SANTA FE, New Mexico — Republican Gov. Susana Martinez outspent Democratic challenger Gary King nearly 7-to-1 during a critical stretch of New Mexico's race for governor as early voting got underway, according to campaign finance disclosures filed Thursday.
Martinez pumped $2.4 million into her re-election bid during the past three weeks. Of that, $1.6 million was spent on television and radio ads, $311,000 went for mailers sent to voters, and $163,500 paid for polling.
King reported spending $363,245 during the same period — from Oct. 7 through Tuesday. That included $280,000 for TV and radio ads.
The latest reports showed Martinez continuing to hold a hefty cash advantage over King, a two-term attorney general.
Martinez collected $406,114 in contributions while King raised $249,687, of which $160,000 came from personal loans from the Democrat, who's the son of New Mexico's long-serving governor, the late Bruce King, and part of a prominent ranching family.
Labor unions contributed nearly $15,500 to King.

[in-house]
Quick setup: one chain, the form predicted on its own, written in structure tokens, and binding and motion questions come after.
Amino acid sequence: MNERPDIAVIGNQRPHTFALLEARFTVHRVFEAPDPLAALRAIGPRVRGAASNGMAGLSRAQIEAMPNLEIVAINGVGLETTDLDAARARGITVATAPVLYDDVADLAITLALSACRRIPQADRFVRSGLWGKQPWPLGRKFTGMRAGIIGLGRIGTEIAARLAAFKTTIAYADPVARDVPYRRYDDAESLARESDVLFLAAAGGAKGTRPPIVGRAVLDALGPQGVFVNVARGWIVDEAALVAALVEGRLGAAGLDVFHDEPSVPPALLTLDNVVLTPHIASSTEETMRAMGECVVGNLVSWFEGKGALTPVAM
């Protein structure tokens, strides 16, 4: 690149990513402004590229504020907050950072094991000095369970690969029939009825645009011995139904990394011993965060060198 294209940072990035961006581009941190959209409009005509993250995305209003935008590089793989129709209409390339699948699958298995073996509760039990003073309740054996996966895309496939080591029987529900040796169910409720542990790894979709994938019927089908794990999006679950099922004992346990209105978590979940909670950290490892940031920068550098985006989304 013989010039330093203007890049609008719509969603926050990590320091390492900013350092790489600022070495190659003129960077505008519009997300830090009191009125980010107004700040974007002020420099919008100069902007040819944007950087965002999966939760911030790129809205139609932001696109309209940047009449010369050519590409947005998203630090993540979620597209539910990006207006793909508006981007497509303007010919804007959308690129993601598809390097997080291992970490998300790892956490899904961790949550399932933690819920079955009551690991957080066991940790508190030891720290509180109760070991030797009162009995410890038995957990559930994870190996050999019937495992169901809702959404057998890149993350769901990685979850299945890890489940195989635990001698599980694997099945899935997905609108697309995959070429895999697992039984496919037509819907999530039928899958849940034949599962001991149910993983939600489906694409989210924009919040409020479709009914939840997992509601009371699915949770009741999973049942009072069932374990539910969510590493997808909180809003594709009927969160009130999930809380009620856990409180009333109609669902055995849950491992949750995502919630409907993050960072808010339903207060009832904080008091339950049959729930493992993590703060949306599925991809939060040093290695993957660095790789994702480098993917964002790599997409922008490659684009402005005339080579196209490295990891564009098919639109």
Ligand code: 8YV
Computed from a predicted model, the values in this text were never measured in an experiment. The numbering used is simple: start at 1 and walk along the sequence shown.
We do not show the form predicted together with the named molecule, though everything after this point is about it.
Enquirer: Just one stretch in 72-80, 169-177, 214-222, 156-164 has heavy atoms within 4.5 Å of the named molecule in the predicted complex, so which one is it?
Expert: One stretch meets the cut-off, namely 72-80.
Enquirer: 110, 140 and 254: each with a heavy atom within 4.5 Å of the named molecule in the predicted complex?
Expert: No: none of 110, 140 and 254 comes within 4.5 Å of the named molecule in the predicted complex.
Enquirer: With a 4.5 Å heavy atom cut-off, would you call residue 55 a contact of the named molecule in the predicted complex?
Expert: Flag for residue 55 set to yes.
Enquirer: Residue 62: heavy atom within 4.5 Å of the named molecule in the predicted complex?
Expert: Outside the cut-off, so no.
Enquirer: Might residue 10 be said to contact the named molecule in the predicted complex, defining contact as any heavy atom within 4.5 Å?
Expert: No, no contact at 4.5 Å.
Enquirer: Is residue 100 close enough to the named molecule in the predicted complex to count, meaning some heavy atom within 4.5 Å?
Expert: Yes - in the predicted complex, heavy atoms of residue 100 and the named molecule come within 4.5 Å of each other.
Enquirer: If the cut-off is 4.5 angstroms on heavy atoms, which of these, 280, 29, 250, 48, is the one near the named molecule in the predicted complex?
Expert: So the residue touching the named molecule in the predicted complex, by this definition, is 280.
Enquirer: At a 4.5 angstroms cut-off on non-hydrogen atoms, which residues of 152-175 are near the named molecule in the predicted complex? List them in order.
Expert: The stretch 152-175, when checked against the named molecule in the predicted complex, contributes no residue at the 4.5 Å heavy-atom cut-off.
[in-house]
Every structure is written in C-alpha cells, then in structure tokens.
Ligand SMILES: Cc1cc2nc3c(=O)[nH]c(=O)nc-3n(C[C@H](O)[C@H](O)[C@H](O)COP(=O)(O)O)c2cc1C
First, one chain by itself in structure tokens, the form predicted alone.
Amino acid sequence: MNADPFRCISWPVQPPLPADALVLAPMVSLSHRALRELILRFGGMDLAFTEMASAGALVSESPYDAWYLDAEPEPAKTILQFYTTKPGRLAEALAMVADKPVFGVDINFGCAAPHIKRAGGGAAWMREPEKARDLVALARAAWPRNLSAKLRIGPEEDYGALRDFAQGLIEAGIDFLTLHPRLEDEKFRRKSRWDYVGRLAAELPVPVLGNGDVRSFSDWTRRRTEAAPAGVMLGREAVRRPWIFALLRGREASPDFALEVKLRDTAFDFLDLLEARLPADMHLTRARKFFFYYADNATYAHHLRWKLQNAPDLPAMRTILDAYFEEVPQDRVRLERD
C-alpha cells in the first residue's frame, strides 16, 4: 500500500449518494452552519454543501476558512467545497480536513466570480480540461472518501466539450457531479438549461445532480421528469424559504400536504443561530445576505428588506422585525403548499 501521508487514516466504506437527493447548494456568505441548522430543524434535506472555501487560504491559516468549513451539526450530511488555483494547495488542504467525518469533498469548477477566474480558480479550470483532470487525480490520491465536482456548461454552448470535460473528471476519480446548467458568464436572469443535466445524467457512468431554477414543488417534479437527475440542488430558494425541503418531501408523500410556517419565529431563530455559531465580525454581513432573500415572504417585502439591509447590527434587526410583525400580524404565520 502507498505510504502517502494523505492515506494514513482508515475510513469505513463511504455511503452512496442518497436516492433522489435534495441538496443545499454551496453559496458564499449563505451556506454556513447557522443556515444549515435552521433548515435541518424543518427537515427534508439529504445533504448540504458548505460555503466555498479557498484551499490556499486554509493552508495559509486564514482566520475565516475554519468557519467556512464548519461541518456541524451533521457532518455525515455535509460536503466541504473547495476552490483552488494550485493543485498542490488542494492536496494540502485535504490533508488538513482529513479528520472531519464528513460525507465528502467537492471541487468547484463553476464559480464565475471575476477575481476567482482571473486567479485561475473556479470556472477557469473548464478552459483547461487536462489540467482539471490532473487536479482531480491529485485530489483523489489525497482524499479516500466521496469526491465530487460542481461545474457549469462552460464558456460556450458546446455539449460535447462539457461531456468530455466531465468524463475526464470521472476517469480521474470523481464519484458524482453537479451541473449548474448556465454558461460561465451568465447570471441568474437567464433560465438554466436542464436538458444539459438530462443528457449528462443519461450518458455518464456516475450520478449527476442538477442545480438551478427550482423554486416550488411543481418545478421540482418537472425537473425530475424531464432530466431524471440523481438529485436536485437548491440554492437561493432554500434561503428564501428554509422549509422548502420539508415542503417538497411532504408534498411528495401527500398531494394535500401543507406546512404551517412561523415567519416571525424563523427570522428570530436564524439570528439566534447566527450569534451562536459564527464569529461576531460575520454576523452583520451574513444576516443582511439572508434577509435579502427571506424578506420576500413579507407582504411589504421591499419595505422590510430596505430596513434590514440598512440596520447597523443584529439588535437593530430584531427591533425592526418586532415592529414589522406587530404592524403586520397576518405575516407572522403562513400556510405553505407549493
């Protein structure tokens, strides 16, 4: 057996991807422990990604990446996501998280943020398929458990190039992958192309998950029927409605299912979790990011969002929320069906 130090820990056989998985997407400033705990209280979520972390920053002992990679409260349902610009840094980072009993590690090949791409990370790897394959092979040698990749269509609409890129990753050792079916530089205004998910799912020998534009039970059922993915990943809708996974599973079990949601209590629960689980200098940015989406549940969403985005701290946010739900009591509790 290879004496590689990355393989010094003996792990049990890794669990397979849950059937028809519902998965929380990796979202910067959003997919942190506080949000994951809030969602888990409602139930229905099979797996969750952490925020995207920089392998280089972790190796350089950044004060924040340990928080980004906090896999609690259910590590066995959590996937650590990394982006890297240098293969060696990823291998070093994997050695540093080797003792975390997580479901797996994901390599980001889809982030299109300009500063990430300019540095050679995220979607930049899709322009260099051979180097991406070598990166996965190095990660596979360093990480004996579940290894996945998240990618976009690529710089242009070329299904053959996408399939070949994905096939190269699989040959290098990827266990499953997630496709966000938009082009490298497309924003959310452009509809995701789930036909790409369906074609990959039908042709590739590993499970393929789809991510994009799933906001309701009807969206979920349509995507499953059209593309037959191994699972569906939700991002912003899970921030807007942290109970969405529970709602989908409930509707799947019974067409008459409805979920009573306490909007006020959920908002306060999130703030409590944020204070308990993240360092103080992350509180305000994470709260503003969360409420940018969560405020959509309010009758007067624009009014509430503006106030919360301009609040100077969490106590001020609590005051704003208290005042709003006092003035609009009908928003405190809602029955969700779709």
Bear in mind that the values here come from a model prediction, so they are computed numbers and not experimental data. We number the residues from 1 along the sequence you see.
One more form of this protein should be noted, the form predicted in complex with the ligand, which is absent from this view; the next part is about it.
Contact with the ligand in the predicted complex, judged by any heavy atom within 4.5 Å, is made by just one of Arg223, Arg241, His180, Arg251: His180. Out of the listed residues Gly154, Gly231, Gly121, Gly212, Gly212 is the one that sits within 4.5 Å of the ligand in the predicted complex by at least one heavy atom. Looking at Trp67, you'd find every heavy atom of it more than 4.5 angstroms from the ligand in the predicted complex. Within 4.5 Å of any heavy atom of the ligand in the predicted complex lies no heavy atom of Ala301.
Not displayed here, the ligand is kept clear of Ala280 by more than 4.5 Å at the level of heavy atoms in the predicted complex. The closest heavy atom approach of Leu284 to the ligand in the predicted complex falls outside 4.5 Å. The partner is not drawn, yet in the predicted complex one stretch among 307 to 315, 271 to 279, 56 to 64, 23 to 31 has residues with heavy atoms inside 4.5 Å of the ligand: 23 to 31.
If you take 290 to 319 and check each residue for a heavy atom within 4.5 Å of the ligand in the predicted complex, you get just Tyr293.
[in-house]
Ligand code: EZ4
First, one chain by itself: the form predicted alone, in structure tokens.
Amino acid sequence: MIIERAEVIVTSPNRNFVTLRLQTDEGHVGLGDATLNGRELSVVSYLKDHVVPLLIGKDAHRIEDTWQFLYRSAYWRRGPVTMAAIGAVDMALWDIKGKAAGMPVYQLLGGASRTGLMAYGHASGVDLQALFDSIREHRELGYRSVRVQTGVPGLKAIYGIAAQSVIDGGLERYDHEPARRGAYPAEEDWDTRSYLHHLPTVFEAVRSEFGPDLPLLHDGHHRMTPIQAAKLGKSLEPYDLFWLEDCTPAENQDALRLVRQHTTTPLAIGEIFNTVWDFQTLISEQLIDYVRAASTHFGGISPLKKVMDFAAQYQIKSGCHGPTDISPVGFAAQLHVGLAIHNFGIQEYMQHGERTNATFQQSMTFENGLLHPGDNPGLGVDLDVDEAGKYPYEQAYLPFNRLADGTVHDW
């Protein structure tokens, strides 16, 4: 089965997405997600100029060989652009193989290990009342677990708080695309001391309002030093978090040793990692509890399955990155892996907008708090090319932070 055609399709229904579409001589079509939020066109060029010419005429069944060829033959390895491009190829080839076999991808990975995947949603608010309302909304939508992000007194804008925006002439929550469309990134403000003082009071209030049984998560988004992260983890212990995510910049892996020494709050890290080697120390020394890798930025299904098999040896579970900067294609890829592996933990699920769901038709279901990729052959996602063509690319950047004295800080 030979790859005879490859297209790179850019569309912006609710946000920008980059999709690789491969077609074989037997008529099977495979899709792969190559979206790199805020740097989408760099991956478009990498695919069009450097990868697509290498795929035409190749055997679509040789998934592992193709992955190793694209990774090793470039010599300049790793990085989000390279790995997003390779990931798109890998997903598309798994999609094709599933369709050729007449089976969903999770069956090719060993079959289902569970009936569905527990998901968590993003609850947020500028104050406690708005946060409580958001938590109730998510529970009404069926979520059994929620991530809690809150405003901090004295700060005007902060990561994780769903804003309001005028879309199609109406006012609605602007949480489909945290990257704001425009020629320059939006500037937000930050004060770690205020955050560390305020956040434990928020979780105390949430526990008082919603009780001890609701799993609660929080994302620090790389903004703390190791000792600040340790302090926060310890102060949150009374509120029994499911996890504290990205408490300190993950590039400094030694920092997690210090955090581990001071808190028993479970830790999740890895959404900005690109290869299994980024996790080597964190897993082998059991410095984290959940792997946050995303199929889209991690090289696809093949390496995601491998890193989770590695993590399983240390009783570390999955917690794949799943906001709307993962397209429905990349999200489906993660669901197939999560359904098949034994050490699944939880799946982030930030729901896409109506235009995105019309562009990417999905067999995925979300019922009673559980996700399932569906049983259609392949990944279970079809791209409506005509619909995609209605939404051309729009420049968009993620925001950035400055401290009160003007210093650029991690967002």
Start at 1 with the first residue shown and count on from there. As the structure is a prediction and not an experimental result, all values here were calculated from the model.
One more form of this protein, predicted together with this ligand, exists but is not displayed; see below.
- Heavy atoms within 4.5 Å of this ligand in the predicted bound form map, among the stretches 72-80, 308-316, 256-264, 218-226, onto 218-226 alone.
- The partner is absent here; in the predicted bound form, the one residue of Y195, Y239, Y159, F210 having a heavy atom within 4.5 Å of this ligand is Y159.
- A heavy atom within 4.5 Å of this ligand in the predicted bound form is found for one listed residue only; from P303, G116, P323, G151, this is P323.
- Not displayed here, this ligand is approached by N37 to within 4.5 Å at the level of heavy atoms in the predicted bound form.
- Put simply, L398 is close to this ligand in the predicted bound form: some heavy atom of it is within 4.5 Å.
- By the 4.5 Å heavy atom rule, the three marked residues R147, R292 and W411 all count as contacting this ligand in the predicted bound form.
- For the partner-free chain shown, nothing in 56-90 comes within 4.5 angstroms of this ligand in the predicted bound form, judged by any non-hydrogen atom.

The Democratic candidate has been the main source of funding for his campaign, lending $666,406 so far for his the primary and general bid for governor. King won a five-way primary in June while Martinez ran unopposed.
The governor reported cash reserves in her re-election account of $708,693 as of Tuesday, and King had $10,103 on hand.
Among Martinez's top contributors included a half dozen members of a ranching family, who gave a combined $36,400. John and Megan Richardson and their Sierra County ranch business gave $15,600. Other family members in Florida and Tennessee gave $20,800.
Billionaire Stephen Bechtel of San Francisco and his wife contributed $10,400. He is part of a family that founded and continues to run a large privately owned construction and engineering company, Bechtel.
The latest campaign fundraising disclosures were filed with the secretary of state's office as candidates focus on turning out supporters at the polls. Early voting ends Saturday and Election Day is Tuesday.
Martinez has aired about 8,500 TV ads through Oct. 27 at a cost of about $3.9 million while King had spent about $546,600 to broadcast about 1,040 ads through the same time for the primary and general elections, according to the non-partisan Center for Public Integrity, which is based in Washington, D.C.
The figures don't include spending for ads on local cable TV, radio and online. That means the total spending on political ads can be higher.